Then the luggage arrived, hers only a few cases behind mine; we loaded it onto the trolleys and walked out through the green channel.
What is so frightening is the extent to which we may idealize others when we have such trouble tolerating ourselves because we have such trouble I must have realized that Chloe was only human, with all the implications carried by the word, but could I not be forgiven for my desire to suspend such a thought? Every fall into love involves the triumph of hope over self-knowledge. We fall in love hoping we won't find in another what we know is in ourselves, all the cowardice, weakness, laziness, dishonesty, compromise, and stupidity.
We throw a cordon of love around the chosen one and decide that everything within it will somehow be free of our faults. We locate inside another a perfection that eludes us within ourselves, and through our union with the beloved, hope to maintain against the evidence of all self-knowledge a precarious faith in our species.
Why did this awareness not prevent my fall into love? Because the illogicality and childishness of my desire did not outweigh my need to believe. I knew the void that romantic intoxication could fill, I knew the exhilaration that comes from identifying someone, anyone, as admirable. Long before I had even laid eyes on Chloe, I must have needed to find in the face of another an integrity I had never caught sight of within myself. Like Oscar Wilde with his genius, I wanted to say, 'Only my love,' but my love was not a crime, not yet at least.
Afraid of presumption, I answered no, but asked Chloe if she'd wait for me on the other side of the border. Love reinvents our needs with unique speed. My impatience with the customs ritual indicated that Chloe, who I had not known existed a few hours ago, had already acquired the status of a craving. Chloe had waited, but we could spend only a moment together. She had parked her car nearby. I had to take a taxi to my office.
Both parties hesitated whether or not to continue with the story. Well, it was nice meeting you,' said Chloe extending a hand.
In the taxi on the way into town, I felt a curious sense of loss. Could this really be love? To speak of love after we had barely spent a morning together was to encounter charges of romantic delusion and semantic folly. Yet we can perhaps only ever fall in love without knowing quite who we have fallen in love with. The initial convulsion is necessarily founded on ignorance.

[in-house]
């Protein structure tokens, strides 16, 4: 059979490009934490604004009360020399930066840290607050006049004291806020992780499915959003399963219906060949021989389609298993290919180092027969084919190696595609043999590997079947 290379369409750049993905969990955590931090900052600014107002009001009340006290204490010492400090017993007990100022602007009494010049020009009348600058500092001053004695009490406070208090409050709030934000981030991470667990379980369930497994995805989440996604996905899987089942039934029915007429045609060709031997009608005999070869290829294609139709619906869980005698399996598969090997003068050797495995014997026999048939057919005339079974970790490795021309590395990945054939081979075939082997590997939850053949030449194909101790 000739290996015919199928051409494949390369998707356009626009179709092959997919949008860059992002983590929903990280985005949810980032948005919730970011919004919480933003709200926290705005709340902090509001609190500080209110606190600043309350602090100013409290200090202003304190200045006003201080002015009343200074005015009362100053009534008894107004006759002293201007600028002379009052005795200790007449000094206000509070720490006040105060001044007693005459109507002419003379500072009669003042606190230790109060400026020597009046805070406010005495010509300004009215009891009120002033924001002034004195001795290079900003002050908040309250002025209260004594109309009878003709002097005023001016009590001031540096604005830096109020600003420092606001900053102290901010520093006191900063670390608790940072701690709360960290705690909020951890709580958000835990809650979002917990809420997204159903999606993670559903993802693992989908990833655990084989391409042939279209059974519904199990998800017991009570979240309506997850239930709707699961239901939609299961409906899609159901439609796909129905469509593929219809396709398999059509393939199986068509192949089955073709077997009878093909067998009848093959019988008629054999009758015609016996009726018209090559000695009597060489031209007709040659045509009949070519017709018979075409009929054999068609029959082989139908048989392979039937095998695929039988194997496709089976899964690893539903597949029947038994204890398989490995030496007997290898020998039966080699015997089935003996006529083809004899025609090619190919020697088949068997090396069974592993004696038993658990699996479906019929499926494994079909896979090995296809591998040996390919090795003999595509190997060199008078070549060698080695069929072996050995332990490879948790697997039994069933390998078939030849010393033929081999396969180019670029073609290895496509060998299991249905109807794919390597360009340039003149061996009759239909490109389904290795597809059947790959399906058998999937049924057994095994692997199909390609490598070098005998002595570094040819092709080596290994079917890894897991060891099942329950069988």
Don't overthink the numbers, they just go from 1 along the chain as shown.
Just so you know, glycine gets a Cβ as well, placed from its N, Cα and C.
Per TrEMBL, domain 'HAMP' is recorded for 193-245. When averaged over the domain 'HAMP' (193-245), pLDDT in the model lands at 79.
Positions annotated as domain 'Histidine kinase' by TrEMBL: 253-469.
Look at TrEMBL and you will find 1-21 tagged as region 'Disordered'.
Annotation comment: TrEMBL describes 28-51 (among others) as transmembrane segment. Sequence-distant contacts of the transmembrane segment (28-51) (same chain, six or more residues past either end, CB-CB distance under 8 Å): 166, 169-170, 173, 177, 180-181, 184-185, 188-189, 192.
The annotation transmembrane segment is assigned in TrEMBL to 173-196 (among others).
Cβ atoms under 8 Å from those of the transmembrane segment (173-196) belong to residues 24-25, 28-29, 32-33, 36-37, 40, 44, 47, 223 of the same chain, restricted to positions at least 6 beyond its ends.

Love or simple obsession? Who, if not time which lies in its own way , could possibly begin to tell? For those in love with certainty, seduction is no territory in which to stray. Every smile and word lead to a dozen if not twelve thousand possibilities. Remarks that in normal life that is, life without love can be taken at face value now exhaust dictionaries with their possible meanings.
The thought of Chloe did not stop haunting me in the days that followed our encounter. Though under pressure to complete plans for an office building near King's Cross, my mind drifted irresponsibly but irresistibly back to her.
I felt the need to circle around the object of my adoration, she kept breaking into consciousness with the urgency of a matter that had to be addressed, though my thoughts had no point to them, they were objectively speaking utterly devoid of interest.
Some of these Chloe-dreams ran like this, 'Oh, how sweet she is, how nice it would be to Others were more visual:! Chloe framed by the aircraft window! Her watery green eyes! Her teeth biting briefly into her lower lip! The tilt of her neck when yawning! The gap between her two front teeth! If only I had summoned such diligence for her phone number, for the digits had altogether evaporated from my memory a memory that felt its time better spent replaying images of Chloe's lower lip.